An Unmistakable Value
Jordo is a member of The Motley Fool Blog Network -- entries represent the personal opinion of the blogger and are not formally edited.
Apache (NYSE: APA) is competing against Anadarko Petroleum (APC) and Exxon Mobil (XOM) in New Zealand, where a race to secure resources is in the beginning stages. Perhaps due to the first mover pressure, Apache is moving on opportunities without allowing for resident input, which is uncharacteristic for the firm, in its hurry to set the stage for early production in its farm out agreement with TAG Oil. Certain residents and environmental groups are up in arms about a recent decision by the Gisborne District Council to defer public discussion regarding Apache and TAG's plans to establish a drilling platform in Te Karaka. The Council recently granted Apache and TAG the right to establish a drilling site, but not to perform any exploratory drilling until receipt and approval of a further application.
Though the Council's grant only covers an access track, a well conductor, and a water monitoring bore, the lack of oil development in the relatively pristine area has residents concerned about the start of construction. Members of New Zealand's Green Party want to declare a moratorium on fracking until the technique is studied further, even though TAG is already fracking in Taranaki, on the southwest coast of New Zealand, where an auditor for TAG estimated unproved reserves could be between 1,316 and 2,513 mmboe. Its expected potential in the Taranaki Basin is considerably smaller, at 100 mmboe, but especially with Apache as operator this smaller resource is likely economically viable. The problem is that if residents raise an outcry, the environmentally sensitive government of New Zealand is likely to intervene which could push back Apache's plans for producing out of this promising basin.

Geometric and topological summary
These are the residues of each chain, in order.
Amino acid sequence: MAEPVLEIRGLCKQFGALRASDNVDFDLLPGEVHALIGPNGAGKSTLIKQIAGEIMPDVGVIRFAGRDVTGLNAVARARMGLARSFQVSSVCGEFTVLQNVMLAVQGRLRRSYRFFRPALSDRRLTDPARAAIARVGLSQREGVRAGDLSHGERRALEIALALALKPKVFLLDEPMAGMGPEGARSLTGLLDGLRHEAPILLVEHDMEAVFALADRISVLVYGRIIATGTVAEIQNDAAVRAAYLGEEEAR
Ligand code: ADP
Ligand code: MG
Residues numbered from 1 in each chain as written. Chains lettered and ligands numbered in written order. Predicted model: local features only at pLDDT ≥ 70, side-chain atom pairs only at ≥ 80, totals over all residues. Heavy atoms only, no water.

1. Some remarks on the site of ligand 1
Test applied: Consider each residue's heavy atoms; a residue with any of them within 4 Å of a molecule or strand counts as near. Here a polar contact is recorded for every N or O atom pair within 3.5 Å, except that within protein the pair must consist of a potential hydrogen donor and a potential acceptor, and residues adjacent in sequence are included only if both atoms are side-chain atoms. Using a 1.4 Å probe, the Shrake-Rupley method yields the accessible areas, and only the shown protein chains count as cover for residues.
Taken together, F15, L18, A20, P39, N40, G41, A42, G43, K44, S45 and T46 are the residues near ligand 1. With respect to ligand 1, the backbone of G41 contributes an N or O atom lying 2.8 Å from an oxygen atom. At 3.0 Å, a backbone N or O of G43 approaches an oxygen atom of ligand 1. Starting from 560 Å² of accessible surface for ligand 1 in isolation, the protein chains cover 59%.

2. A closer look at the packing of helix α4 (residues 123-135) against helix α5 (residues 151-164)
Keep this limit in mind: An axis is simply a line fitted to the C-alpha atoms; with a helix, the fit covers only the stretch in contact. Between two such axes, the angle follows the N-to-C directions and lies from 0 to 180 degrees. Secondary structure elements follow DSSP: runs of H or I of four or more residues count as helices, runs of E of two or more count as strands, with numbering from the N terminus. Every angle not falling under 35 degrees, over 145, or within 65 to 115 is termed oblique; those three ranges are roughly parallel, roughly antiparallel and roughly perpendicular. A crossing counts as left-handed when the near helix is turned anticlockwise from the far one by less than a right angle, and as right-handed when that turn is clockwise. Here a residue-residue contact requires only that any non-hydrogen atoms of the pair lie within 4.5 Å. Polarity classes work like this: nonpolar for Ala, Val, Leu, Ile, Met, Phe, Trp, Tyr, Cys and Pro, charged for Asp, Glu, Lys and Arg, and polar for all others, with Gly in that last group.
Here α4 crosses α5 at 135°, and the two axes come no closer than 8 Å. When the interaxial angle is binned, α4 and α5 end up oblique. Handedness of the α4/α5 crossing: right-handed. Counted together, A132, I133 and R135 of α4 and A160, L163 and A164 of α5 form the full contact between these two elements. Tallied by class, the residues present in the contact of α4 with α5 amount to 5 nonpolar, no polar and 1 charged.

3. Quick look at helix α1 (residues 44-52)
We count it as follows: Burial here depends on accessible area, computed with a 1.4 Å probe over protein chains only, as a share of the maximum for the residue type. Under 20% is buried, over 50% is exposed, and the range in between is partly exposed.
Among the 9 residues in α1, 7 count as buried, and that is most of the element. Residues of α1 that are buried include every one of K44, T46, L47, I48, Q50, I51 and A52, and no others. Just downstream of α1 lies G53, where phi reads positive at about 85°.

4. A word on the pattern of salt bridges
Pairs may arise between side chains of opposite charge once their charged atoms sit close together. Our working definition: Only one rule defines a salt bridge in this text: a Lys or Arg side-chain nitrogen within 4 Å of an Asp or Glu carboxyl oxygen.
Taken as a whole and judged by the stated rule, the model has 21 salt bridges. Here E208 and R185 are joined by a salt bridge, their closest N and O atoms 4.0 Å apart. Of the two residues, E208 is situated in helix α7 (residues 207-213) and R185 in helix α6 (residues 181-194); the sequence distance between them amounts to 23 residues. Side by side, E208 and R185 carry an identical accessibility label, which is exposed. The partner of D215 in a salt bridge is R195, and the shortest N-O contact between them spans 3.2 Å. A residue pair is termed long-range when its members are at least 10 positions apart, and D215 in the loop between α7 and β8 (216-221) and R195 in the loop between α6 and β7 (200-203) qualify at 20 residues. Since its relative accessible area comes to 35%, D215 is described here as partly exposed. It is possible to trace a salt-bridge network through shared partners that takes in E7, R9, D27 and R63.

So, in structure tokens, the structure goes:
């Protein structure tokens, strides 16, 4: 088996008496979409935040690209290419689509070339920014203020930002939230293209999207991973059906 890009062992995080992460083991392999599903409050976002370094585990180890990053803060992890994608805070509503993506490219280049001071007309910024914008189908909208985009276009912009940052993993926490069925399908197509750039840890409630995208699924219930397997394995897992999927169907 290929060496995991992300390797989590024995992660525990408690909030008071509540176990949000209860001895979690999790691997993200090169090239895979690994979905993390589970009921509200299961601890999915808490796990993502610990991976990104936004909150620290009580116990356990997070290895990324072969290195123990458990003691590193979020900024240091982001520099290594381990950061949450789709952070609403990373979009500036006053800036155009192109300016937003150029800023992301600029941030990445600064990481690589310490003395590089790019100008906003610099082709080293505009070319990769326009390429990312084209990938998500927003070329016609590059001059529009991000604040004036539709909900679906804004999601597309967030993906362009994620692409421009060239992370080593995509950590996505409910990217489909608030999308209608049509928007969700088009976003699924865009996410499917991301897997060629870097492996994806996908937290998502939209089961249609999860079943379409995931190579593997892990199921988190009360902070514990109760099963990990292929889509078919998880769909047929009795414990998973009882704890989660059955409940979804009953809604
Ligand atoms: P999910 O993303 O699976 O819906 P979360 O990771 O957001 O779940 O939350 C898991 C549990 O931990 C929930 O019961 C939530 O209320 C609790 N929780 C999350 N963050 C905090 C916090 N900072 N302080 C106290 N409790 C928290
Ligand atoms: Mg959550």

Growth in the U.S. Stable and Promising
Though there is promise in New Zealand, Apache's CEO Steve Farris is indicating that Apache's growth through 2016 will be driven by shale plays in West Texas and the Central U.S., where Apache made many early investments which are now beginning to pay off. Farris says that Apache has the acreage and inventory to "really move the needle" on production, and backs it with the company's prediction that its production in the Permian Basin will grow at a 13% annual compound rate, while its production in the Central U.S. will grow 24% annually. This would allow the company to produce 1 mmboe per day by 2016. If this seems optimistic, just look back to 2010 when Apache first entered the Permian, with a mere 50 mboe per day of production; by the close of 2011, Apache was already up to 100 mboe per day of production here, more than doubling its capacity. It is now in second place on the play by nearly any measure of production or operations, beating out companies like Chesapeake Energy (CHK) and EOG Resources (EOG) that despite a longer history on the Permian don't have resources like those of Apache to marshal.